That’s 6 hours at $400 per hour costing you $1,200.
Your total costs for a 2-hour deposition can potentially be:
- Deposition transcript cost: $450 to $1,200
- Court report cost: $250
- Lawyer fees: $1,200
Total costs: $1,900 to $2,650.
We’ve kept the assessment conservative, the costs can be slightly less or significantly more depending on your case and selection of court reporter.
Transcript formatting effect on deposition cost
Another driver of cost relating to how much a deposition may actually cost is something that is less obvious but important.
Typically, a court reporter will provide you with a quote of how much the deposition may cost per page.
The rates can vary from $3.00 per page to $8.00 per page.
That gives a good idea but not the full picture.
The real question is, how is the transcript formatted and how many characters can fit on one line.
This is where you may have a variance in the fees charged by one court reporter as opposed to the other assume all else is equal.
The same deposition can be transcribed in 100 pages by one court reporter and 130 pages by another due to the deposition formatting used.
Depending on how many characters fit on one line, your total cost per page can change.
For example, if a stenographer formats the transcript to hold 65 characters on one line, your cost will be less than someone using 55 characters per line.
In this example, a change between 55 characters per line and 65 characters per line can result in a 10% to 15% difference in total cost for the deposition transcript.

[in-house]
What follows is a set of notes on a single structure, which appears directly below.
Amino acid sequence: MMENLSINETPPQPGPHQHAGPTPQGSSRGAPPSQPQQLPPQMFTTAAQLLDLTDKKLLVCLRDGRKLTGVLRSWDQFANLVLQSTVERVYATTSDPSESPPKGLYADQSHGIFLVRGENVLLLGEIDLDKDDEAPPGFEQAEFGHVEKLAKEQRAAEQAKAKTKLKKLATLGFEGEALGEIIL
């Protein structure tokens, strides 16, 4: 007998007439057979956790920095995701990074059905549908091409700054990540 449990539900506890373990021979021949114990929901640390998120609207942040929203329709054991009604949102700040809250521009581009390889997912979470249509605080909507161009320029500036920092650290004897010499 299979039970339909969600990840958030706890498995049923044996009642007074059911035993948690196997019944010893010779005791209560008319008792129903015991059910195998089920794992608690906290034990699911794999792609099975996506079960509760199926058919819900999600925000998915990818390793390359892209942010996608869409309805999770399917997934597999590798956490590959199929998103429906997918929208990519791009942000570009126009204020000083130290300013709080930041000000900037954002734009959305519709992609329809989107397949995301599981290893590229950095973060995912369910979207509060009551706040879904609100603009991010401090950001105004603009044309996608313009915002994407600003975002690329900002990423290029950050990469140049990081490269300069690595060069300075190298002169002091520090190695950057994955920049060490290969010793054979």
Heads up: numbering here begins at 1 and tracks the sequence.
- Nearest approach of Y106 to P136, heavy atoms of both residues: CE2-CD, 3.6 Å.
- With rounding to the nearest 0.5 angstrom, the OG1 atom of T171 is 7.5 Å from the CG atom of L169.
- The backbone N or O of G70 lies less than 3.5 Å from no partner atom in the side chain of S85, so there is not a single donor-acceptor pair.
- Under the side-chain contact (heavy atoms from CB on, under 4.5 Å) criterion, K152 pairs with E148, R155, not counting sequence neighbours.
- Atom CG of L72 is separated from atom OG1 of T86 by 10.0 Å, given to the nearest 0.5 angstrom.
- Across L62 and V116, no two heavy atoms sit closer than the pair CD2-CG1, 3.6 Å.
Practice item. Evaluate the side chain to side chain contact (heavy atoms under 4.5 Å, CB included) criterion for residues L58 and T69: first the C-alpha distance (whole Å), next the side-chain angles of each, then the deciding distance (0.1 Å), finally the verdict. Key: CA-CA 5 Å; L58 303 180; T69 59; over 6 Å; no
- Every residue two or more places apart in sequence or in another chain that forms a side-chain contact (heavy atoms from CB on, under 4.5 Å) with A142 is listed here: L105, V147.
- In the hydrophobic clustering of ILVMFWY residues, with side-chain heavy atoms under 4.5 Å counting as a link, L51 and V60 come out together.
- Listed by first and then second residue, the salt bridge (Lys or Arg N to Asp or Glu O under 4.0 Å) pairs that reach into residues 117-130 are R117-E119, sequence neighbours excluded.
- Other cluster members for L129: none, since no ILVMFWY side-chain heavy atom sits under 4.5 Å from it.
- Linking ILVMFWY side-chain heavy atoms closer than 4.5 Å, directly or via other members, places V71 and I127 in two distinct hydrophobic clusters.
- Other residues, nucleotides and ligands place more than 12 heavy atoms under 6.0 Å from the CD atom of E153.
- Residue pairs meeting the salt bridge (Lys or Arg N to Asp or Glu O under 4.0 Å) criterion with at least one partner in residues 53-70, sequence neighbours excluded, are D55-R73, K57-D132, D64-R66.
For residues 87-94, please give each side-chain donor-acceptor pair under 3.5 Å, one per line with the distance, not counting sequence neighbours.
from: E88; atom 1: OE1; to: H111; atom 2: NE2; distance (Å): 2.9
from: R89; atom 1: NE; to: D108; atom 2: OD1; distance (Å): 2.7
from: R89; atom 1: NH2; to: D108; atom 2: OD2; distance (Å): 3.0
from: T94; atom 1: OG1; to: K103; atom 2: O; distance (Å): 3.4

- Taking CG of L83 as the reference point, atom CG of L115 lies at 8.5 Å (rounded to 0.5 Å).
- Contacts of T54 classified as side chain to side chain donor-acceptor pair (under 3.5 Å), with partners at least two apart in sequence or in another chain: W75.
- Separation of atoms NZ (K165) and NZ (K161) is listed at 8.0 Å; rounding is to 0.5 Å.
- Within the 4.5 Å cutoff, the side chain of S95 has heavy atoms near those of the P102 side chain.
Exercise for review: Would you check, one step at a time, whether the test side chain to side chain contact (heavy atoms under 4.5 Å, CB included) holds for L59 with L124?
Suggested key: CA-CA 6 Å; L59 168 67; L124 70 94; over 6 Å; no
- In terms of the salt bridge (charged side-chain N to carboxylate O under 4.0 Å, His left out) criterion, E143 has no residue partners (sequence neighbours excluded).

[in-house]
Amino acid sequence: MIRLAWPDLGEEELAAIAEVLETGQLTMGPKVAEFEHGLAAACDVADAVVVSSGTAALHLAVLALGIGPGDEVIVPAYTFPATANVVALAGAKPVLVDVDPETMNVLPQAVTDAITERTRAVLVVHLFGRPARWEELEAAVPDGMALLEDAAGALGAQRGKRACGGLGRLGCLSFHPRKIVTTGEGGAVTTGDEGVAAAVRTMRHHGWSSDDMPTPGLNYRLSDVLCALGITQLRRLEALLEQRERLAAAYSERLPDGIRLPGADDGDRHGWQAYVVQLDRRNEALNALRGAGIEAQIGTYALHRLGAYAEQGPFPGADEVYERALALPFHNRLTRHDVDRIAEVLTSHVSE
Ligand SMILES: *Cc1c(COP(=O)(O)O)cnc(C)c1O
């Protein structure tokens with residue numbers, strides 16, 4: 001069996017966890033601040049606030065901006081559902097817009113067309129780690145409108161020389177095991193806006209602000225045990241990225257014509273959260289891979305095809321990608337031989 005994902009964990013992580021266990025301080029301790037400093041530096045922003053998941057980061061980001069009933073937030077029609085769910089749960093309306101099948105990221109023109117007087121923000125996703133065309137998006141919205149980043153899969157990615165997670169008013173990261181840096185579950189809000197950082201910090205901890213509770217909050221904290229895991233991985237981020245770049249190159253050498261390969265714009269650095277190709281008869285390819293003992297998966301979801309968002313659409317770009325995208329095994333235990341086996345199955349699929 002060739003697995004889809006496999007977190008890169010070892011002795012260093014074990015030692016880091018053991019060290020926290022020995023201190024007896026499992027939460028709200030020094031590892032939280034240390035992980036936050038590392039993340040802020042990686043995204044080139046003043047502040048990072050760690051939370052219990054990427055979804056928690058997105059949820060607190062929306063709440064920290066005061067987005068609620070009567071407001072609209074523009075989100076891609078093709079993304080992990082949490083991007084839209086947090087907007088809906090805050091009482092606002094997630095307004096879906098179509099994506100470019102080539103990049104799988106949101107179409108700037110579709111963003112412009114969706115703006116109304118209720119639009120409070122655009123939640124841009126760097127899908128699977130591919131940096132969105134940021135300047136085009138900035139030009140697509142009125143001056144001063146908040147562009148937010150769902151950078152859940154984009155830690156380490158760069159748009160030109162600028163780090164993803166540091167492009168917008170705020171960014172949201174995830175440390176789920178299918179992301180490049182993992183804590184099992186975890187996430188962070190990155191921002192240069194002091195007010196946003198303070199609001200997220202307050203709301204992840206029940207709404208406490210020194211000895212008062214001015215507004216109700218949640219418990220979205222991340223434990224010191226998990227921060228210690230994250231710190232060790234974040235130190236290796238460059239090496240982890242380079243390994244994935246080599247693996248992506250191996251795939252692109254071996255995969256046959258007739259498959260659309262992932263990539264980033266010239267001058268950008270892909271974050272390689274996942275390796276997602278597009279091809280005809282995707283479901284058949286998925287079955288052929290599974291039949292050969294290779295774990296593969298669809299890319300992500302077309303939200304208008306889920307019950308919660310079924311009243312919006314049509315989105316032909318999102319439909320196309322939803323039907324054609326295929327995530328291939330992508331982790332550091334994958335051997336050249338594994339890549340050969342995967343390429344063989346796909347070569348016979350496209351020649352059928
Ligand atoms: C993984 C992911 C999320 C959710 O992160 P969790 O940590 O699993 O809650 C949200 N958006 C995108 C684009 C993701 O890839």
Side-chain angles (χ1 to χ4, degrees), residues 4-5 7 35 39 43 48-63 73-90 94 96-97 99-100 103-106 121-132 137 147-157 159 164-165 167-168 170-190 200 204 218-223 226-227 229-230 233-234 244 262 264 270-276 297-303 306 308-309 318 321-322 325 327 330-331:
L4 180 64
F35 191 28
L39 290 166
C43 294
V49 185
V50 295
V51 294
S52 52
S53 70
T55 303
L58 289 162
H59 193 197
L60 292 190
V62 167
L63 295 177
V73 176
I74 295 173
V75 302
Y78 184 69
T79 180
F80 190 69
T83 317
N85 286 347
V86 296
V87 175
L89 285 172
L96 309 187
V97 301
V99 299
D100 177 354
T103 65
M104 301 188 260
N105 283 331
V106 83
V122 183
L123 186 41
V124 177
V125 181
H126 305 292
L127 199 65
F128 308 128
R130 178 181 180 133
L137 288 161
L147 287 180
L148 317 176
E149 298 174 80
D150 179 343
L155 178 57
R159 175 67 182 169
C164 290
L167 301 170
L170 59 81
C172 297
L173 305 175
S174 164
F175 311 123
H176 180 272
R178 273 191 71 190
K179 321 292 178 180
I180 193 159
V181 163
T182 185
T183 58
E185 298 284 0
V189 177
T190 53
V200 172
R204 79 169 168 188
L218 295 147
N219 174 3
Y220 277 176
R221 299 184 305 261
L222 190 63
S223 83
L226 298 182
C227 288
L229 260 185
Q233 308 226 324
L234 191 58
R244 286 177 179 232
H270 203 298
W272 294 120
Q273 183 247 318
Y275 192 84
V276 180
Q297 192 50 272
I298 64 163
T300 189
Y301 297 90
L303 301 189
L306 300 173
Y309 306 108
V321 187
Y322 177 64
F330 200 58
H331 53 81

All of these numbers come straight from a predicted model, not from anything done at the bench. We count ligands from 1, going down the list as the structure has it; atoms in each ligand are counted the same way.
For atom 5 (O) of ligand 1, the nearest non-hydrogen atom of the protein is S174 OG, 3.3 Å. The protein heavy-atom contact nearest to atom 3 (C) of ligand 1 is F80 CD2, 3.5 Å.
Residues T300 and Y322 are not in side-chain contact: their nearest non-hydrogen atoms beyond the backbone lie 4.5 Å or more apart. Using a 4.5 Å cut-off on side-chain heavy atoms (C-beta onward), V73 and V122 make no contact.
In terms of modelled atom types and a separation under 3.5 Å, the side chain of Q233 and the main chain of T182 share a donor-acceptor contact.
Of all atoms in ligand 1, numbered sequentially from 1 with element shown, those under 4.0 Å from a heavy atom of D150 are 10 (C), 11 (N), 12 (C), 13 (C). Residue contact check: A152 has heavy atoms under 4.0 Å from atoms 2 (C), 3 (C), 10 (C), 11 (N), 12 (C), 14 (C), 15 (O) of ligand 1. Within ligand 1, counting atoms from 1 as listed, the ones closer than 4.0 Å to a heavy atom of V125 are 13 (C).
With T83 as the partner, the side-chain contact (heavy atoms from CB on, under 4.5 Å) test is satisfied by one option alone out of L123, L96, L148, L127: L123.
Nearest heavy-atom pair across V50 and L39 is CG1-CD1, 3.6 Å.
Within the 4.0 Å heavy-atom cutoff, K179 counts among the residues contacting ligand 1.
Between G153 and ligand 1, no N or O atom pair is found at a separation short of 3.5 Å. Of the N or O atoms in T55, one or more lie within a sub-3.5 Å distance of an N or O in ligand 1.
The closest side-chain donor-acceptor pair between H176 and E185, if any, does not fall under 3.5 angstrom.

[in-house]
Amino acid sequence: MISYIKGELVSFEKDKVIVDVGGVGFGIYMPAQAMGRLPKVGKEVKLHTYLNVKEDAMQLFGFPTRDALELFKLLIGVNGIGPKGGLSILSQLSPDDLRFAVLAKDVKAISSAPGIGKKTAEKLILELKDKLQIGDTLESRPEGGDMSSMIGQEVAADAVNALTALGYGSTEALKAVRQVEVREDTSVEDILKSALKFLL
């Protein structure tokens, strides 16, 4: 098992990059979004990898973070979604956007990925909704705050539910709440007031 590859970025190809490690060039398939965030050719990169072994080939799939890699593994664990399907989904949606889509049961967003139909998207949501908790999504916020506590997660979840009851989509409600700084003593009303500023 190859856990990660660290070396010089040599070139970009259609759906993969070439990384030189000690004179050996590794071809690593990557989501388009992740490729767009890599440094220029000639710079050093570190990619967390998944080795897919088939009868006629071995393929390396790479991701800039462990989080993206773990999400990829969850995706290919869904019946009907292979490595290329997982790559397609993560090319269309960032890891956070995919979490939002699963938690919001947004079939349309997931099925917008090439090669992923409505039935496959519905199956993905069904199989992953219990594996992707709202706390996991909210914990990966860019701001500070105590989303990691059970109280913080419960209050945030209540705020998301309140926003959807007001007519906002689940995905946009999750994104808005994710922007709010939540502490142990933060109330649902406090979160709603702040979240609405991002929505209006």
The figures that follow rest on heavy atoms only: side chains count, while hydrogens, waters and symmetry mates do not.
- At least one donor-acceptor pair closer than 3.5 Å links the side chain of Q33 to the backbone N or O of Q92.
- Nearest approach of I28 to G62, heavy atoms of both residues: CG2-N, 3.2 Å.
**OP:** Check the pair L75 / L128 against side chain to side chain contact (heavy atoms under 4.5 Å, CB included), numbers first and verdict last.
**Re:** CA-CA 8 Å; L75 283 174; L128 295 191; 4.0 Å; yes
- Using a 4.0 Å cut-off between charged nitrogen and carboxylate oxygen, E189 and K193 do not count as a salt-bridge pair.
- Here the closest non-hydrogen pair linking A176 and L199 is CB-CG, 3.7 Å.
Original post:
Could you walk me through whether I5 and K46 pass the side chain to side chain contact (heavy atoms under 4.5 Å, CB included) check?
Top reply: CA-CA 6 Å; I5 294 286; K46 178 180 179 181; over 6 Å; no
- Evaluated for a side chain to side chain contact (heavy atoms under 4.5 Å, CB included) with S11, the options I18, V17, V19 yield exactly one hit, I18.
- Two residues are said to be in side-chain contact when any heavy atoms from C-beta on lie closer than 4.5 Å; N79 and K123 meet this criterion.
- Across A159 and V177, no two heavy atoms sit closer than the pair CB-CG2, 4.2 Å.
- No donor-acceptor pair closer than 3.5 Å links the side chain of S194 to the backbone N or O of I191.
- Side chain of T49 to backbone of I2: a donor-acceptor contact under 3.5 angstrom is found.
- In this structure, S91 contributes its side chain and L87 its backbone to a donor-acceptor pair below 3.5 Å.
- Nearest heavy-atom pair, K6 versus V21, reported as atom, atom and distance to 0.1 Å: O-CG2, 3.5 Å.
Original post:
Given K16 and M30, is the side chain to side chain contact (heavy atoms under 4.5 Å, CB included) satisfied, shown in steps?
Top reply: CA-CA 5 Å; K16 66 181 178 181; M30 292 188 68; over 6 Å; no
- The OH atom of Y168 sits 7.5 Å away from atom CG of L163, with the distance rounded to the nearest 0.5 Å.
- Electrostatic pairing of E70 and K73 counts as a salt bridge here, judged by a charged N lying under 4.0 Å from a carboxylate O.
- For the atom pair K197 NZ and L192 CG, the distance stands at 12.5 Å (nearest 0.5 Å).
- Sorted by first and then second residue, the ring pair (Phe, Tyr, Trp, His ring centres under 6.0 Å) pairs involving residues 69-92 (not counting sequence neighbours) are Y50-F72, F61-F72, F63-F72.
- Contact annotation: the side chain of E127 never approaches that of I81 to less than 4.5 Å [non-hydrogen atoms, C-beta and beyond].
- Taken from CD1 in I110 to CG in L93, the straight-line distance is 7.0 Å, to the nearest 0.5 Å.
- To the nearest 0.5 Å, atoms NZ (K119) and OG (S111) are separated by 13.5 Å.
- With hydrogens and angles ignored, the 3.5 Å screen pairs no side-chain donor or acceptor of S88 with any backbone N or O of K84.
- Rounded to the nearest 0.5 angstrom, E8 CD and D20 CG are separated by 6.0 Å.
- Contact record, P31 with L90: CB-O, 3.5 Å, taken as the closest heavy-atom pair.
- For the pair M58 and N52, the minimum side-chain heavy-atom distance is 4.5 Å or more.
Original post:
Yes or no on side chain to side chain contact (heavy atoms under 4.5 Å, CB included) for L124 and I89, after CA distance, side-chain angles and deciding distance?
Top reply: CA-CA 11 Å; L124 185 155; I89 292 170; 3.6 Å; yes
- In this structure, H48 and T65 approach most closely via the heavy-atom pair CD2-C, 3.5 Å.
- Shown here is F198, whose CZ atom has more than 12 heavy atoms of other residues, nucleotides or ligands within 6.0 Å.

A deposition that should have cost $1,000 can cost $1,150 just on this aspect alone.
Cost for extras
In addition to the time a court report can invoice for attending a deposition and the deposition transcript cost, court reports may also charge for additional services or extras.
Extras can include:
- Communication of an electronic version of the deposition transcript
- Additional deposition transcript copies
- Rough draft immediately following the deposition
- Mini-pages where each page of the transcription can house 4 to 6 mini pages
- Index to the deposition transcript
Costs incurred by court reporters passed on to clients
Another way of looking at the deposition cost is to look at how much overhead and operational costs a court reporter assumes and must pass on to his or her clients to be profitable.
What are some of the court reporter’s expenses that we can reasonably expect to be embedded in the price paid?
Here is a list of costs and overhead expenses court reporters generally assume:
- Court reporter’s equipment to record audio or video at the deposition
- Software required to handle the actual deposition and record audio or video
- Software license to create deposition transcripts
- Shipping and handling costs
- Signature fees
- Office expenses
- Administration expenses
For a court reporter to be profitable, they’ll need to cover their overhead and operational costs and have a profit margin.
As a result, a freelance court reporter may charge a different amount than one working in a larger firm with a lot of overhead costs.
The cost of deposition is an important consideration when dealing with a lawsuit.
A case may involve the deposition of one witness while another may require the deposition of multiple witnesses.
It may not be feasible to depose every single witness, tough choices may need to be made depending on the litigation budget available.
Having a good understanding of how much it may cost to depose a witness will help determine how many key witnesses a party can afford to depose.
The costs may vary from one court reporter to the next.
Leveraging the knowledge you’ve acquired in this article, your best strategy is to shop around and ask the right questions so you can have a good appreciation of your true deposition costs.